Tokyo 42 - Neon

Do you have particular games in your mind that resonate for their architecture? And why?

Off the bat I would say that the Assassin’s Creed series has consistently blown me away in its ability to take me back in time to wonderful cities and timeframes. I mean, if you strip out the assassin bit, these games are marvellous ways to explore history which I would recommend to anyone. In a similar way, Grand Theft Auto V allows us to play in a world we know and be totally immersed in its suburban normality.

Sean says that Midgar in Final Fantasy VII really worked for him with how the dark and heavy pipes drew you toward the middle of the city and evoked this awesome steam-punk meets sci-fi feel. I loved the dark threat of the retro-futuristic spaces in Alien: Isolation.

An architectural aspect of gaming which I have recently become interested in is the idea of games as homes. We spend a lot of time in certain games and we spend a lot of time in specific spaces if we play multiplayer. Personally I love spending time in the Mediterranean towns of Altis, a map in Arma 3. The warm white-washed walls of the terraced towns allow me an escape from cloudy London, especially in the winter months. Other people will have things to say about Counterstrike and Overwatch maps where each wall, each shadowy corner will have some sort of meaning.

Tokyo 42 Multiplayer

The idea of anonymity in Tokyo 42 is interesting; did you want to make efforts to slow the game’s multiplayer tempo?

Yep. The multiplayer in Tokyo 42 is a two phase loop. You spawn into an arena with other players and random AI civilians. You look and move like one, so you can blend in. Your opponents will be doing the same. So time will be spent sneaking around and trying to pick up ammo and weapons without being spotted. Once, someone is spotted, a fight breaks out where it comes down to your skill and reflexes to resolve the combat. Once someone dies, they spawn again and are hidden and the loop begins again. It’s basically Spy Party which devolves into a real-time Worms.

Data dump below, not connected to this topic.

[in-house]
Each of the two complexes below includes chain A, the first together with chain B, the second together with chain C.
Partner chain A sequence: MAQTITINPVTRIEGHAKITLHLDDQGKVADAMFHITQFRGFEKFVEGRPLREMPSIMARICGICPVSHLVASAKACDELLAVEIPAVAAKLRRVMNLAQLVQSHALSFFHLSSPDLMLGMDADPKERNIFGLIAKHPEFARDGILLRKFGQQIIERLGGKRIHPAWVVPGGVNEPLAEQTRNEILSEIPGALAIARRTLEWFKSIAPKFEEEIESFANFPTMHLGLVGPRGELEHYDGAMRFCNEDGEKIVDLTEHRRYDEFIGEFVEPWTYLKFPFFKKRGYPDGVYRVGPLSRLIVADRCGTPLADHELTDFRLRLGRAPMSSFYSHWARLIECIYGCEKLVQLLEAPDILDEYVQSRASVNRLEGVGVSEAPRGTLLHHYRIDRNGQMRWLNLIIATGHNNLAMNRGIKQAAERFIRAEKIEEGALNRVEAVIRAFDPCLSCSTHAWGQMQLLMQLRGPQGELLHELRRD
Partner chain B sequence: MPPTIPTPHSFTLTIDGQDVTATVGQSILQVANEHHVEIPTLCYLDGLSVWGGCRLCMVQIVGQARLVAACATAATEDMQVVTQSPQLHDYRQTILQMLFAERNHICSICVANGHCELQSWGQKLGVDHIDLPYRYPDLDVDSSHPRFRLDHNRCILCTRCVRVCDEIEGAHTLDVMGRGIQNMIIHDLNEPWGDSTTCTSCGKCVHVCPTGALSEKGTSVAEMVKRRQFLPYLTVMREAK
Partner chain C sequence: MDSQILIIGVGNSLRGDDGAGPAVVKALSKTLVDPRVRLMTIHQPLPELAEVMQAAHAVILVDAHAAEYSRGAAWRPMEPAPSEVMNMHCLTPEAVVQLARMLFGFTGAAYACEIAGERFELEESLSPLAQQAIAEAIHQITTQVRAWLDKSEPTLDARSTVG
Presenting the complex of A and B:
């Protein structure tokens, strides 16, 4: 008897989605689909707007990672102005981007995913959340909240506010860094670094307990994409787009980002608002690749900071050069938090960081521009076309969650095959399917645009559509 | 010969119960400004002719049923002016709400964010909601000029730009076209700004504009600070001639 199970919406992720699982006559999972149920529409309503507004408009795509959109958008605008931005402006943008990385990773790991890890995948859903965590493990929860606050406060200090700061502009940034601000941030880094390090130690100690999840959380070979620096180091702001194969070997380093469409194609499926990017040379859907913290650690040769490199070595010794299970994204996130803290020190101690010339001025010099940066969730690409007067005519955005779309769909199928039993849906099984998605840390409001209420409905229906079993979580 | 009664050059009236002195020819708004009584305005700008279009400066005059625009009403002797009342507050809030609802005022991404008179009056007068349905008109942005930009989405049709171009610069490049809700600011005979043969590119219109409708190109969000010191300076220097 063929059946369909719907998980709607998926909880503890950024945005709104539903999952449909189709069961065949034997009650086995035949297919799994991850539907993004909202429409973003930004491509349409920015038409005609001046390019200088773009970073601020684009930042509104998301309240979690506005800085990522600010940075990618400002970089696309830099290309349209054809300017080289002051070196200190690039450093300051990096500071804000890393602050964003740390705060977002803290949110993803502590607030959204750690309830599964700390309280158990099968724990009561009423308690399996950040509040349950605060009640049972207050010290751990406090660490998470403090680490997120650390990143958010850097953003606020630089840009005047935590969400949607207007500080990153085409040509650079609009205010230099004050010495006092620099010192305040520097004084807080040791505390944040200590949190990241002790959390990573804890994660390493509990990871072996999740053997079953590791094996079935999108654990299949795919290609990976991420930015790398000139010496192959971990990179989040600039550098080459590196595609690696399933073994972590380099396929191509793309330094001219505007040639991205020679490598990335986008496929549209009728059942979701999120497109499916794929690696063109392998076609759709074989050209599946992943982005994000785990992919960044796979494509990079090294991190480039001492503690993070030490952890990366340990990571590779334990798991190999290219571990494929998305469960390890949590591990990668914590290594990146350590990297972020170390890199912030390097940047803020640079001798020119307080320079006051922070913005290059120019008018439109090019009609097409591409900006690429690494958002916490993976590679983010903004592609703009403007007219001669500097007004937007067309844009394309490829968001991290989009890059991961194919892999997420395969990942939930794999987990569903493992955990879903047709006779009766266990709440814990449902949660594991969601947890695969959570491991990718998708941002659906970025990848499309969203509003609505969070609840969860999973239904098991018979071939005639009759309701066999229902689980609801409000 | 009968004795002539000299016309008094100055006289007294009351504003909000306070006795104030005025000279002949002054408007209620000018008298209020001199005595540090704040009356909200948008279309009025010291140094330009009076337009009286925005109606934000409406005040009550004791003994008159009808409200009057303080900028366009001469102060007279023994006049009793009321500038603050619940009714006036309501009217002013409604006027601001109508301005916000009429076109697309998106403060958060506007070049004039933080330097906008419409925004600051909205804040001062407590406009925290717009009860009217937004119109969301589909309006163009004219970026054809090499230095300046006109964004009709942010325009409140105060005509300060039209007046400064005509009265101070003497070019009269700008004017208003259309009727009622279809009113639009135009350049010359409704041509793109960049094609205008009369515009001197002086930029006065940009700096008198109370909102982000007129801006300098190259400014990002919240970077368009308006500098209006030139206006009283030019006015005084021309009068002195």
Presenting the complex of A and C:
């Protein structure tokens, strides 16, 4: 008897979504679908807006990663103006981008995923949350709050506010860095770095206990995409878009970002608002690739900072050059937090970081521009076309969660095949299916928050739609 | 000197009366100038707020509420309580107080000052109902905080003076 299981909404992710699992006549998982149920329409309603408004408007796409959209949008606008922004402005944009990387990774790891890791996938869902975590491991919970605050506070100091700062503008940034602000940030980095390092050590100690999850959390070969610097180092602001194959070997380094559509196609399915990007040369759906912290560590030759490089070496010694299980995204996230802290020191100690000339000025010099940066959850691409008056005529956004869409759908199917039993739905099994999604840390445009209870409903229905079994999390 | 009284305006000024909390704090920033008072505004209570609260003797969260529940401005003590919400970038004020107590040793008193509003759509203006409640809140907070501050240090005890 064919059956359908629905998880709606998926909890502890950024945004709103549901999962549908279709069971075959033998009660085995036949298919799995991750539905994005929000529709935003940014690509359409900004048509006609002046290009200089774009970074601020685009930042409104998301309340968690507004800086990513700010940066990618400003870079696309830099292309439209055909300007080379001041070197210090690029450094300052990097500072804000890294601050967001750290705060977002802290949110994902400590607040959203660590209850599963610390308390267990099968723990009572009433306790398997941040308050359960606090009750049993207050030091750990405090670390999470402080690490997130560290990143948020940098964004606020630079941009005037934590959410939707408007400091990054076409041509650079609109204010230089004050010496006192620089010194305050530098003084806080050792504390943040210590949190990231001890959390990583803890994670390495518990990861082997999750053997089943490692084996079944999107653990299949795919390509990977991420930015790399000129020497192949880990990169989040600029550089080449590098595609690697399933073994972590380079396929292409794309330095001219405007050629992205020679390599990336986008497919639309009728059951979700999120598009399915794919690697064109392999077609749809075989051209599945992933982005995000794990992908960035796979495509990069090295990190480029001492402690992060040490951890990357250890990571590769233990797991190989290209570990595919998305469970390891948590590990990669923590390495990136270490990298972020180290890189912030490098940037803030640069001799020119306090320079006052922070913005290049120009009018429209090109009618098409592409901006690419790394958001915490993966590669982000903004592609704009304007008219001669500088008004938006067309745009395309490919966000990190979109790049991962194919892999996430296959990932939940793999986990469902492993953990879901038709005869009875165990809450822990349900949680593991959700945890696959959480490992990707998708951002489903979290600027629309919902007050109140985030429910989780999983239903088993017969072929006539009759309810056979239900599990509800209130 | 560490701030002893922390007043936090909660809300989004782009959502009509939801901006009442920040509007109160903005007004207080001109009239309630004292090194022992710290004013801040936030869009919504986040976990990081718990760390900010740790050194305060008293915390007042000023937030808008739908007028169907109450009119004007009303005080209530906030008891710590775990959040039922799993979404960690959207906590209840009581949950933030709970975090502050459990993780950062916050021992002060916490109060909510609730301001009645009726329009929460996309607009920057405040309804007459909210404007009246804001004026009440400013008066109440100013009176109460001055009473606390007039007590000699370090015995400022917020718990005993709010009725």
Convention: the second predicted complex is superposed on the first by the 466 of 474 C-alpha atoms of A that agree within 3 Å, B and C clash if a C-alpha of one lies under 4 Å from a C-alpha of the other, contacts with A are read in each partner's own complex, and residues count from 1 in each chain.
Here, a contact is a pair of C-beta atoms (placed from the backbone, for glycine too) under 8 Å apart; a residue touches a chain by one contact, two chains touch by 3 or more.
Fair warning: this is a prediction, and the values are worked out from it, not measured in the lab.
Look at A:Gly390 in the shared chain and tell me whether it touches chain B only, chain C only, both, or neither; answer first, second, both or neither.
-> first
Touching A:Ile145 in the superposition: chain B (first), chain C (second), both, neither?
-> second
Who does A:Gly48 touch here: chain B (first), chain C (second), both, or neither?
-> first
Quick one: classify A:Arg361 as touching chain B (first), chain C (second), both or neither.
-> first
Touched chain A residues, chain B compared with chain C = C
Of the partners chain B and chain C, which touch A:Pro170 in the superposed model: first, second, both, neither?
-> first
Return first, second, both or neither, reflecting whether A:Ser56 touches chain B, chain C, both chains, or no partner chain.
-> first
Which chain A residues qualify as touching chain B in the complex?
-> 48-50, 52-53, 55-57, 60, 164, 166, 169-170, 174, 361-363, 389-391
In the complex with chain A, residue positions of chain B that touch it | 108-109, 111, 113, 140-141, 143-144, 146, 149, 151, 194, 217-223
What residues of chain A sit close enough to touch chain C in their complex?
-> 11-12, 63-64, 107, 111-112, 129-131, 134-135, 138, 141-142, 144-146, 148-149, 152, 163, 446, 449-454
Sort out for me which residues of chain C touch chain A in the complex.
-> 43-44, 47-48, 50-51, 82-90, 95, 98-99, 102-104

We really wanted to make an arena game where crowd stealth combined with skill, with quiet periods which explode into action. This way the game gives you some space to think and breathe before diving into the combat. I, personally, have a problem with multiplayer games which are constant, balls-to-the-wall, action. I get exhausted and overly tense and often end up not enjoying myself. So Tokyo 42 solves some of those issues whilst presenting some interesting tactical and sneaky opportunities.

There are tinges and homages to Ghost in the Shell and Akira here; what do you think makes cyberpunk as a style compelling?

Well, the relationship between us and machines is one that I don’t fully grasp. I don’t know the ramifications, positive or negative. But the relationship is surely there and it has far ranging impacts. Cyberpunk openly embraces this question, its fears, romances and aesthetics. It’s always given me a way into something which fascinates me.

I don’t really know why all the cables, LED lights, and bionics are so beautiful, but I’ve always been drawn to them. Maybe it makes me feel like a part of a future which isn’t totally Apple-ified, clinical and devoid of expression, that there’s going to still be mess and mistakes.

Read the Thumbsticks Tokyo 42 review